Free marketeers were not the only ones concerned about the negative impact of management control of boards on company shareholders. Katz discussed a set of corporate governance principles drafted by the California Public Employees’ Retirement System (CalPERS), the nation’s largest pension fund, that called for term limits on corporate board members. Authors of the draft principles (which were not ultimately adopted) were concerned that long-serving board members would become too cozy with management and ignore their responsibilities to shareholders.

But as equity valuations have soared in recent decades, reservations about shareholder primacy have grown. In 2019, the Business Roundtable, a nonprofit made up of corporate Chief Executive Officers (CEOs), adopted a new “Statement on the Purpose of a Corporation,” which formally incorporated a multiple-stakeholder model. The statement, signed by 181 CEOs, stated that companies should not only generate shareholder value, but also:

  • Deliver value for customers;
  • Invest in their employees;
  • Deal fairly and ethically with suppliers; and
  • Support the communities in which they work.

Such a statement could be dismissed as a justification for a return to 1970s-era management complacency and vanity, but it may also be a necessary realignment of interests after a long period of shareholder primacy.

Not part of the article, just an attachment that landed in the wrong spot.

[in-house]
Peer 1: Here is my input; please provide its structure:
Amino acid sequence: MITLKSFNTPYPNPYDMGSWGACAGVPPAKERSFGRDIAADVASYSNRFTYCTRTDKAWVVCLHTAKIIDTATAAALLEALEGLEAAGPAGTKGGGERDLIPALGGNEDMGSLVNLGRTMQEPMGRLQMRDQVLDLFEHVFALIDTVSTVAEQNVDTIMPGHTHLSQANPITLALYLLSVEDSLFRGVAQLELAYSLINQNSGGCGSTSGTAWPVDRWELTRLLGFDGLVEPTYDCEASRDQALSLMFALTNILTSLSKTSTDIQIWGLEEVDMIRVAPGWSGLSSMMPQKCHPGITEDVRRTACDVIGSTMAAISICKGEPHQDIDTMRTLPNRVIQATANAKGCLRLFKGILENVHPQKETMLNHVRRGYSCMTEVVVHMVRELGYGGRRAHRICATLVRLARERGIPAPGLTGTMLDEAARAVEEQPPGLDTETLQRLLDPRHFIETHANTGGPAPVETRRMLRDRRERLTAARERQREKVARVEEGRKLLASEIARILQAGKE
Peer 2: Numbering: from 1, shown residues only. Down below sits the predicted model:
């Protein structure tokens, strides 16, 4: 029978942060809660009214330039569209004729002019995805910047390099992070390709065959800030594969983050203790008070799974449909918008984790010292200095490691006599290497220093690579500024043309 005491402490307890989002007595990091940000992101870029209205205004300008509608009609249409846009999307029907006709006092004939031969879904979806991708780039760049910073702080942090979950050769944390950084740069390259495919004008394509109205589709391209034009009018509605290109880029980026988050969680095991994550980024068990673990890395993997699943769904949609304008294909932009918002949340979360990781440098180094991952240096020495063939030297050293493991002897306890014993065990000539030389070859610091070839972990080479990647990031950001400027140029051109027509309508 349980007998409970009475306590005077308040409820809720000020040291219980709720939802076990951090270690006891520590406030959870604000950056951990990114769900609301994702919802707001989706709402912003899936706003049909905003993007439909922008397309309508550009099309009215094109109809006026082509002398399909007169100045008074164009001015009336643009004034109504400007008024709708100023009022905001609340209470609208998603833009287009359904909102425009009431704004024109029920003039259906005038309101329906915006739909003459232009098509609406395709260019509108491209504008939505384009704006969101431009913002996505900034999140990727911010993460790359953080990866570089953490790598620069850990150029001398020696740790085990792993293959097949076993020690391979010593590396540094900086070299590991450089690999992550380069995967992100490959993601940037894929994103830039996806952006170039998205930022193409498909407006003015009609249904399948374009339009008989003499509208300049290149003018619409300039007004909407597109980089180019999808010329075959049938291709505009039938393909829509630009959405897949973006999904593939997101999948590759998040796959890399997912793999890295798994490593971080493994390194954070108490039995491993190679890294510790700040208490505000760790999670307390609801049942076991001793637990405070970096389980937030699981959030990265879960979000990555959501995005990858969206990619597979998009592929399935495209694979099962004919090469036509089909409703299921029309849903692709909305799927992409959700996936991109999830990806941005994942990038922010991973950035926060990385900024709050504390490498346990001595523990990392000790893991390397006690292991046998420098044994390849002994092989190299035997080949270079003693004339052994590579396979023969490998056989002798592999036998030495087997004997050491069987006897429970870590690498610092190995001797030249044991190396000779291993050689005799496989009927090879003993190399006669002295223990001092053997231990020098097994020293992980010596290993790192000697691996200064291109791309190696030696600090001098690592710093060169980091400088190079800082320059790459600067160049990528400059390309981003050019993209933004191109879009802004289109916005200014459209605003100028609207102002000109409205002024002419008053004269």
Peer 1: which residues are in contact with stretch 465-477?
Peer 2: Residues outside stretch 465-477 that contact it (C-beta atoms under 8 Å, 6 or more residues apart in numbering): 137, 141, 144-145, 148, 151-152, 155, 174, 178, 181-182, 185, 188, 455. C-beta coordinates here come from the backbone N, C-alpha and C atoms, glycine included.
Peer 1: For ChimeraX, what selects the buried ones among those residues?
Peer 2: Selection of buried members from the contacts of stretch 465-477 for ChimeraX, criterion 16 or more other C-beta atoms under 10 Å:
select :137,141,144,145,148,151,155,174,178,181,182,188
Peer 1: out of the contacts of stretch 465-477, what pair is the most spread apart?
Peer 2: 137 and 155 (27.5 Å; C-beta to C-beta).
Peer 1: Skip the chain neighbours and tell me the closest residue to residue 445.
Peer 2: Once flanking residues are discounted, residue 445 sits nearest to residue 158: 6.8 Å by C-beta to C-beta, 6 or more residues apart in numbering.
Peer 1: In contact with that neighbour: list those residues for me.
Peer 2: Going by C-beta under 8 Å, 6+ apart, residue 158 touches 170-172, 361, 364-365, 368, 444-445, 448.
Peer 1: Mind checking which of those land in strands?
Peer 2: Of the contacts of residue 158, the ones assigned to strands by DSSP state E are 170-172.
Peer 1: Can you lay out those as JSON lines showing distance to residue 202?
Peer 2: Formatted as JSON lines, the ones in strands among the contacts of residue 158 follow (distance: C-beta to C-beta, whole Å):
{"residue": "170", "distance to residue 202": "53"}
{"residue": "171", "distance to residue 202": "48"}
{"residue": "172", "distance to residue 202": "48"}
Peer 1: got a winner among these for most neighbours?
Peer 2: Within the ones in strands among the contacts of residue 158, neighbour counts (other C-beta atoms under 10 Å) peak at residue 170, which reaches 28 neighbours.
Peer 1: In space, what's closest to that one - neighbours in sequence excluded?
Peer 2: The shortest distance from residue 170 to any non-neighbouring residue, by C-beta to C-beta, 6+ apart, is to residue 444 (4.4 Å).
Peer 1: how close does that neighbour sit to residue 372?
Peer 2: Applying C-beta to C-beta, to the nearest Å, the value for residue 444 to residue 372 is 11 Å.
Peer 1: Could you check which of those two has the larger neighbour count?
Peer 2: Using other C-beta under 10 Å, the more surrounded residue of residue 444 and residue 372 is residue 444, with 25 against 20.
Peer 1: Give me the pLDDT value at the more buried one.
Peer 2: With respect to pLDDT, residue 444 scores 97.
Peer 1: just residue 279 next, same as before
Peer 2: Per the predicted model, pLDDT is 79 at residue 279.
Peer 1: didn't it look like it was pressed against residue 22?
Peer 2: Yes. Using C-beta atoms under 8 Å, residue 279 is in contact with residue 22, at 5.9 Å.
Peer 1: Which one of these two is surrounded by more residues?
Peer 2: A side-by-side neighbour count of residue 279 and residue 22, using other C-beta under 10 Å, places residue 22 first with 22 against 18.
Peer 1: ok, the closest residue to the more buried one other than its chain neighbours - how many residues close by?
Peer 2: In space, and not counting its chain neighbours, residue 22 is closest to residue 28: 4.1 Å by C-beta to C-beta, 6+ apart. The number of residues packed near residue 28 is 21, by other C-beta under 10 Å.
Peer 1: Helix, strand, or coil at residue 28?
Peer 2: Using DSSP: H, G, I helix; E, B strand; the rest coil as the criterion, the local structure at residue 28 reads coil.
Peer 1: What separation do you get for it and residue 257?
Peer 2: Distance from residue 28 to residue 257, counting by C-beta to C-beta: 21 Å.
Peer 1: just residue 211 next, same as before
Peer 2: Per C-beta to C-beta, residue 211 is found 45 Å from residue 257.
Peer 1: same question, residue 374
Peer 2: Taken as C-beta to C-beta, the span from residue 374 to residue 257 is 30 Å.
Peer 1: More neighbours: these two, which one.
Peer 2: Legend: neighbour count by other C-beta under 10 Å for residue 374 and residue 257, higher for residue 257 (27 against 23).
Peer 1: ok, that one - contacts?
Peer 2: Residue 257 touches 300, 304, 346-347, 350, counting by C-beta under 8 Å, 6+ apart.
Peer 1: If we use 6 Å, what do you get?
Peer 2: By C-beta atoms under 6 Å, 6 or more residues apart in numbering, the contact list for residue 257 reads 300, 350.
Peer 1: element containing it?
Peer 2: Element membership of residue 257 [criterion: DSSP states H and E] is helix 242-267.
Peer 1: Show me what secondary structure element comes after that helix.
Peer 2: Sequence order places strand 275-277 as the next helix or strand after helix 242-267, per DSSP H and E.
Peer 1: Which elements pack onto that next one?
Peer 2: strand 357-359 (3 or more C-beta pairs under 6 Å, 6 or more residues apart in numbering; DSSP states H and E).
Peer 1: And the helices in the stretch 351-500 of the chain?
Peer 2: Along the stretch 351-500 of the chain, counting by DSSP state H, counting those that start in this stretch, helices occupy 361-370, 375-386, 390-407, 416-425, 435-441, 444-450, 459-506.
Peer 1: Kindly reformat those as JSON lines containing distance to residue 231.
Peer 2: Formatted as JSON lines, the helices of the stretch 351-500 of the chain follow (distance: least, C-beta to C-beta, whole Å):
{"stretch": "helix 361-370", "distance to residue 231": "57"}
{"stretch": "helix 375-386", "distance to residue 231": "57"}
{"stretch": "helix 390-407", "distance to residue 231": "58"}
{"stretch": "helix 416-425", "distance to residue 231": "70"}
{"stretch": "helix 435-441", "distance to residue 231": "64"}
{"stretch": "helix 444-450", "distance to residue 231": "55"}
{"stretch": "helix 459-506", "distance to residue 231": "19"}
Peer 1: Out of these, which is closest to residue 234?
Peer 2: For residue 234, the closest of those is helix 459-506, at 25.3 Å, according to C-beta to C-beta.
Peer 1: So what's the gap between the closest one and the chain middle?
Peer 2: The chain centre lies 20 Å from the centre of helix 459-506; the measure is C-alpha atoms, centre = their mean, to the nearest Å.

Although many libertarians continue to advocate a shareholder first or shareholder only approach, others disagree. One notable dissenter is John Mackey, co-founder and former CEO of Whole Foods, who advocates a “conscious capitalism” in which companies follow a multi-stakeholder model. Mackey’s conscious capitalist credo includes the following:

Conscious businesses are galvanized by higher purposes that serve, align, and integrate the interests of all their major stakeholders. Their higher state of consciousness makes visible to them the interdependencies that exist across all stakeholders, allowing them to discover and harvest synergies from situations that otherwise seem replete with trade-offs. They have conscious leaders who are driven by service to the company’s purpose, all the people the business touches, and the planet we all share together. Conscious businesses have trusting, authentic, innovative, and caring cultures that make working there a source of both personal growth and professional fulfillment. They endeavor to create financial, intellectual, social, cultural, emotional, spiritual, physical, and ecological wealth for all their stakeholders. 

In 2005, Mackey, Friedman and Cypress Semiconductor’s T.J. Rodgers had a thought-provoking debate on “Rethinking the Social Responsibility of Business” in the pages of Reason magazine.  

To the extent that centrists and free market supporters are open to corporate governance models that balance stakeholder interests, they may also be open to the progressive critique of private equity and other alternative investment techniques that focus on increasing enterprise value and harvesting a portion of that increase.